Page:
Issue 7 - Does the imposition of the transfer tax on the transfers of the Parish and School properties violate the United States and California Constitutions?
Petitioners contend that the City's imposition of a transfer tax on internal Church transfers of real property violates the First Amendment to the United States Constitution (“First Amendment”) as well as the affirmative guarantee of the free exercise and enjoyment of religion under the California Constitution. Respondent argues that constitutional issues are not properly before this court because the Review Board made no decision on such issues and, in any event, no constitutional violation arises.
This court declines to decide the parties' constitutional issues because it is able to resolve this matter as set forth above and thus need not reach the constitutional issues presented. Santa Clara County Local Transportation Authority v. Guardino (1995) 11 Cal. 4th 220, 212-13 .
For the reasons set forth above, this Court concludes that a peremptory writ of mandate shall be issued and directed to Respondent Review Board to set aside its ruling issued on January 26, 2010, and to issue a ruling rejecting the determination by the Recorder that transfer taxes are due on the transfers.
This matter is set for a Case Management Conference on January 9, 2012 at 2:30 p.m. On or before January 4, 2012, each party may file, serve, and deliver a courtesy copy to this court any proposed revisions to this Tentative Statement of Decision. Such proposed revisions shall not reargue the substance of the matters decided but rather shall be limited to drafting, factual, or other similar matters. The parties should pay particular attention to citations to the administrative record to assure the accuracy thereof.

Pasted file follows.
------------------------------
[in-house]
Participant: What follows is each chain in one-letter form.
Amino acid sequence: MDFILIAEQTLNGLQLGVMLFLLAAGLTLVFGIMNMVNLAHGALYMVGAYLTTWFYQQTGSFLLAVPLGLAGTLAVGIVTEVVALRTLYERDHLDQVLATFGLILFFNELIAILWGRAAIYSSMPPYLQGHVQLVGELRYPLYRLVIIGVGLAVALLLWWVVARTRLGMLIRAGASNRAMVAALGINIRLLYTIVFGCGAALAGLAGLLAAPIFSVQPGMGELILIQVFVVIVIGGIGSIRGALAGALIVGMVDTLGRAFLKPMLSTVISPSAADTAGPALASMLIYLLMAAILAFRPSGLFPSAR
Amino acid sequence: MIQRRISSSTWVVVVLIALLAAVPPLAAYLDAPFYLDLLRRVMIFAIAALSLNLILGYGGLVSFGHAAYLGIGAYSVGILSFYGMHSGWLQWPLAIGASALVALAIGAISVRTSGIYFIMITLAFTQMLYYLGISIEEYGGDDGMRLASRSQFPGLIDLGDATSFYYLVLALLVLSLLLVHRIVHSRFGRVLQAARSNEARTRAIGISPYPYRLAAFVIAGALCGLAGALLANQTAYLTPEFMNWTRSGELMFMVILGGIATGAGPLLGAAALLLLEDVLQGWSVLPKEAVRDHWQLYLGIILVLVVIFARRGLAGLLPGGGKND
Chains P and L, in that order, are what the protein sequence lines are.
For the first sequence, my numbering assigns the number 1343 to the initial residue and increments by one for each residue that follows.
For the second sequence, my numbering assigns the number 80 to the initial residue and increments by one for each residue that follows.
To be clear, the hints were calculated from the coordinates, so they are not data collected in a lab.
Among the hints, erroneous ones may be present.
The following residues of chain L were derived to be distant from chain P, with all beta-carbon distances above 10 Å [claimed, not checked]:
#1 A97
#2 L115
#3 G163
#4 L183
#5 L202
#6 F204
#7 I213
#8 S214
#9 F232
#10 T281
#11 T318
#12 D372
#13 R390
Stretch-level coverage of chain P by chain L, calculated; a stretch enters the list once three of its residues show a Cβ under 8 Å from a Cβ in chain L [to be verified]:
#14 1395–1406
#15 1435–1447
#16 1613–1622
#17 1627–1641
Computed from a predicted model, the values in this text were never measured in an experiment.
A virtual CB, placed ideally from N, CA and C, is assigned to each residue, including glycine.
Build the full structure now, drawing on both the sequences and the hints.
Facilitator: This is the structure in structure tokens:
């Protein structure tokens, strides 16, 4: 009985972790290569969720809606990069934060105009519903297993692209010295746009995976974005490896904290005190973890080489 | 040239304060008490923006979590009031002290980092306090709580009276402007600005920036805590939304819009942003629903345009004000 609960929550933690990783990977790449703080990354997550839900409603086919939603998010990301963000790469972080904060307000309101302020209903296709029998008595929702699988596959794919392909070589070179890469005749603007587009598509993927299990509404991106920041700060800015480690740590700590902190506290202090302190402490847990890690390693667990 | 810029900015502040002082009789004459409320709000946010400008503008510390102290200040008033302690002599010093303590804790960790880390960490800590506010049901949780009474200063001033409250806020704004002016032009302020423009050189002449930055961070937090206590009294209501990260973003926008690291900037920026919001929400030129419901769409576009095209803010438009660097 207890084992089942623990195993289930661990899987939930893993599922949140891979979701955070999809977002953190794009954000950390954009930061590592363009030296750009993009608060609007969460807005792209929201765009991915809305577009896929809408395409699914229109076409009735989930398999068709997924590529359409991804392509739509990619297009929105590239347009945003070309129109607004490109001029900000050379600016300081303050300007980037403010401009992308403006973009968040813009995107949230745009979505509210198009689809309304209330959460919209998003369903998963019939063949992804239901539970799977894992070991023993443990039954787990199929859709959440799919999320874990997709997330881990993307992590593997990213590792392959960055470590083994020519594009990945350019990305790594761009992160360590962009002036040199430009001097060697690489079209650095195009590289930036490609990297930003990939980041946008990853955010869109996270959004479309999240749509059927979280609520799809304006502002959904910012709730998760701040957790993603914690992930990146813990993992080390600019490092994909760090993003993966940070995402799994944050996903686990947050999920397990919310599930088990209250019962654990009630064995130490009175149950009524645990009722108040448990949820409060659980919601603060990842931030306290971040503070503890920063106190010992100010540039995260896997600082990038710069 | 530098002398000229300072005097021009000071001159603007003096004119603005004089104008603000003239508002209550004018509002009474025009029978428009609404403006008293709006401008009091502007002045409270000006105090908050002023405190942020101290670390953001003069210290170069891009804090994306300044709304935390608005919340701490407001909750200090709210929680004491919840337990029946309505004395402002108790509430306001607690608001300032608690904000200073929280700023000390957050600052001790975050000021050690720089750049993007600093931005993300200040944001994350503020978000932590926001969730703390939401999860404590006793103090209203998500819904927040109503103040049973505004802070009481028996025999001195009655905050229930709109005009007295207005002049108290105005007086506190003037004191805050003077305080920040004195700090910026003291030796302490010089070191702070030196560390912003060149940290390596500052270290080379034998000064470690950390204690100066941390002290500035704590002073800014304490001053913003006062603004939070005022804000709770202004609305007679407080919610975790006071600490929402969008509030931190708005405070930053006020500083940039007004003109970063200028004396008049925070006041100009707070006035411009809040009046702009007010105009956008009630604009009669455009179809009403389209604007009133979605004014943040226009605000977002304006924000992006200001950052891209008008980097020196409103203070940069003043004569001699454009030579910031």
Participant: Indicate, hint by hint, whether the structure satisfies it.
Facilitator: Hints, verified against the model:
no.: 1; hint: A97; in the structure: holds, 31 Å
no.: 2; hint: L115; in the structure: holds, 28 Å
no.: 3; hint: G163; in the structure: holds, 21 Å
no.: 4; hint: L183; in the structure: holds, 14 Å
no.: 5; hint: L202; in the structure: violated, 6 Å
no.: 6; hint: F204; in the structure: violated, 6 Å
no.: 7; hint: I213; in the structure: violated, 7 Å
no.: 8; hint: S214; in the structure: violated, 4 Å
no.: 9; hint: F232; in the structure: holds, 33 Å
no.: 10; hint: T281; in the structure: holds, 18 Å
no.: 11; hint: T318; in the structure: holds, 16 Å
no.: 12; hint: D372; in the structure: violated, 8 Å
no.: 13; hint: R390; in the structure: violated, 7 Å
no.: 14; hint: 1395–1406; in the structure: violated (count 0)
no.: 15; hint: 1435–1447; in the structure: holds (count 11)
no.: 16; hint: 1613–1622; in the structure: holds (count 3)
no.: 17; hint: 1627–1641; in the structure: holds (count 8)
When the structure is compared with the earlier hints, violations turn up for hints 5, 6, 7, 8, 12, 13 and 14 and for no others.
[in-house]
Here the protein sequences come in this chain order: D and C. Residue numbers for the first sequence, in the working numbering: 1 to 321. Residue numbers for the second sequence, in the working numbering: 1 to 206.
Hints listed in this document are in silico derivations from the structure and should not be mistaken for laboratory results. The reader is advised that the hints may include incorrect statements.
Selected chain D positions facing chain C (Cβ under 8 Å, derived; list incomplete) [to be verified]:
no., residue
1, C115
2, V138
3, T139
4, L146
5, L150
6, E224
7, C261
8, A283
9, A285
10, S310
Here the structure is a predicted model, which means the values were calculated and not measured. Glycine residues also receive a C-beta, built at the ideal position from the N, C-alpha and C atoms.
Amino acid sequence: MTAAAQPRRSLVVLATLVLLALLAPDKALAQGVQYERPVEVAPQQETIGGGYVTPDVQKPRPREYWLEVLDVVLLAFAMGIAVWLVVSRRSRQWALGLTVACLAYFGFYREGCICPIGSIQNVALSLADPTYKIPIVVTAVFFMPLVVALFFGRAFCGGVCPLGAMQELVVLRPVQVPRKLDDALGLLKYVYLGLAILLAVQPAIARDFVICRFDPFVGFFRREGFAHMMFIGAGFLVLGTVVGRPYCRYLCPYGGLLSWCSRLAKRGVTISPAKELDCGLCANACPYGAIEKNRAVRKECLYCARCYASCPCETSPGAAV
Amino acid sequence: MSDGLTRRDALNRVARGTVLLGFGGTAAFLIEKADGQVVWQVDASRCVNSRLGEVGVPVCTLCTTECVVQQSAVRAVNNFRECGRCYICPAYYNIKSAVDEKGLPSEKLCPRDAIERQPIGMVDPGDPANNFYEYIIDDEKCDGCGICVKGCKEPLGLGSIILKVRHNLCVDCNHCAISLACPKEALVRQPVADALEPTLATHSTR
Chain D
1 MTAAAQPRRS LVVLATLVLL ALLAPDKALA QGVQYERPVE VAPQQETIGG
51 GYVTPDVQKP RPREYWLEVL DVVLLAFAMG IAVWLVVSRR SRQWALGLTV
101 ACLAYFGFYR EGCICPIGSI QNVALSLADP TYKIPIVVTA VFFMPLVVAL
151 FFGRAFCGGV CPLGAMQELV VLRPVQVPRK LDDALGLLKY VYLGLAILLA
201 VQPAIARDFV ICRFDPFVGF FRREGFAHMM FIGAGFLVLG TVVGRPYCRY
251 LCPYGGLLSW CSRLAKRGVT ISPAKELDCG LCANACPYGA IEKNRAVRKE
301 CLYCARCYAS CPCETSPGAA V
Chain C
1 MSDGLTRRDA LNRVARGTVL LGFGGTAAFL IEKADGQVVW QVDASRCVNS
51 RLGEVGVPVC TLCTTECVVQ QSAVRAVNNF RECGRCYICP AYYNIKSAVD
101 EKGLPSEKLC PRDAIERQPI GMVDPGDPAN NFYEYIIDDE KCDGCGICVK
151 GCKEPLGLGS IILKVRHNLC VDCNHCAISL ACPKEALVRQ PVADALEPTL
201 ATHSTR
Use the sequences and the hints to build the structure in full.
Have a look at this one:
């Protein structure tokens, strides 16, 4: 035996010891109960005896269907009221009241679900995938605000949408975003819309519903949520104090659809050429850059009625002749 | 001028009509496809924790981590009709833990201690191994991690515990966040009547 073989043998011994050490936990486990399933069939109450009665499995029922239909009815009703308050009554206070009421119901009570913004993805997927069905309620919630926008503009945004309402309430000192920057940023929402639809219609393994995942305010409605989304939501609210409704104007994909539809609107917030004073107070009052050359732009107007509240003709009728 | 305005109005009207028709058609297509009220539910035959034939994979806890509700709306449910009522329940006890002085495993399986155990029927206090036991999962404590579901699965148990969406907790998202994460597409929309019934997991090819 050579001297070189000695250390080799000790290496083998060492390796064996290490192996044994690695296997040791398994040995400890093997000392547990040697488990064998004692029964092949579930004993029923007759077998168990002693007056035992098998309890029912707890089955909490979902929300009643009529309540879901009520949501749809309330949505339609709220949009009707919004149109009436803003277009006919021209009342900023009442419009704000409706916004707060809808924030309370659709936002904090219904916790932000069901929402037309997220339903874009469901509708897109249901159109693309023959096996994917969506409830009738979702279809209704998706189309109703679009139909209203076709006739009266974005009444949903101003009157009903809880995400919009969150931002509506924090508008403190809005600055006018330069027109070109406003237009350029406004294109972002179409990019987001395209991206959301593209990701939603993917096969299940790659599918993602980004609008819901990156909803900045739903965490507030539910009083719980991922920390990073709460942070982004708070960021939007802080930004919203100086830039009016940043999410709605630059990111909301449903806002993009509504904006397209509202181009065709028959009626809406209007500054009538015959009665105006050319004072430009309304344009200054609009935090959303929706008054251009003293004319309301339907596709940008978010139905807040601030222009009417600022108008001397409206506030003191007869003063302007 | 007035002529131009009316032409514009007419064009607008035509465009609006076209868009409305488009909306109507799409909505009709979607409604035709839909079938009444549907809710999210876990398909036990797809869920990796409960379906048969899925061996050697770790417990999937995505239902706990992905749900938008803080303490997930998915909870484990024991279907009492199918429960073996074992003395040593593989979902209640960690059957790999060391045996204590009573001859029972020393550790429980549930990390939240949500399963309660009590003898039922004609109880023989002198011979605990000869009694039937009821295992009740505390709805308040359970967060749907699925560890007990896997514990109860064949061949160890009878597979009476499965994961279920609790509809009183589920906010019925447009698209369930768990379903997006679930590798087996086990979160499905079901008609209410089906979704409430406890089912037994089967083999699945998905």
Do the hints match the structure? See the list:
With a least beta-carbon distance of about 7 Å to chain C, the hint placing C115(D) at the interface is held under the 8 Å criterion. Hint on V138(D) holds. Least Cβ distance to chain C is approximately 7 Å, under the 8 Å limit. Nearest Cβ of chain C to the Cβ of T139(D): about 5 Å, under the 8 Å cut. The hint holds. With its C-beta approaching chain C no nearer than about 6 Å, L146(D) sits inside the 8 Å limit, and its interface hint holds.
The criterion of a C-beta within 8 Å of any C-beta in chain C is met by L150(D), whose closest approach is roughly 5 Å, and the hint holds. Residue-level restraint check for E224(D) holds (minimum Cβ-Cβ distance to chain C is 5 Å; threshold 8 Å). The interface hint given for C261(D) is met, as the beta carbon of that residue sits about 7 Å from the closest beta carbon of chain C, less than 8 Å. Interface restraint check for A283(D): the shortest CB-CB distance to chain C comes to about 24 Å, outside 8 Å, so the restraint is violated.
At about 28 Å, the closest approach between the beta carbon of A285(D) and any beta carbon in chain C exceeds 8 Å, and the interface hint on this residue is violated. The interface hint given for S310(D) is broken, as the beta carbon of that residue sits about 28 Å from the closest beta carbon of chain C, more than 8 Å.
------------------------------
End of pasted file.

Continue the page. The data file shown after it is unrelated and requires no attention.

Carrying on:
The parties shall also meet and confer before the Conference and submit three courts days before the Conference a Joint Case Management Conference Statement setting forth how this case should proceed. The parties shall also submit a proposal or proposals for the form of the writ to be issued.
Dated: November 17, 2011
HONORABLE RICHARD A. KRAMER
Judge of the Superior Court
CERTIFICATE OF MAILING
(COP 1013a (4))
I, Felicia Green, Deputy Clerk of the Superior Court of the City and County of San Francisco, certify that I am not a party to the above-entitled action.
On November 17, 2011,1 served the attached TENTATIVE STATEMENT OF DECISION ON SECOND CAUSE OF ACTION, by placing a copy thereof in a sealed envelope, addressed as follows:
Jeffrey Vesely Robert L. Stolebarger
PILLSBURY WINTHROP SHAW PITTMAN LLP HOLME ROBERTS & OWEN LLP
50 Fremont Street 560 Mission Street, 25th Floor
P.O. Box 7880 San Francisco, CA 94105-2994
San Francisco, CA 94120-7880
I then placed the sealed envelopes in the outgoing mail at 400 McAllister Street, San Francisco, CA. 94102 on the date indicated above for collection, attachment of required prepaid postage, and mailing on that date following standard court practices.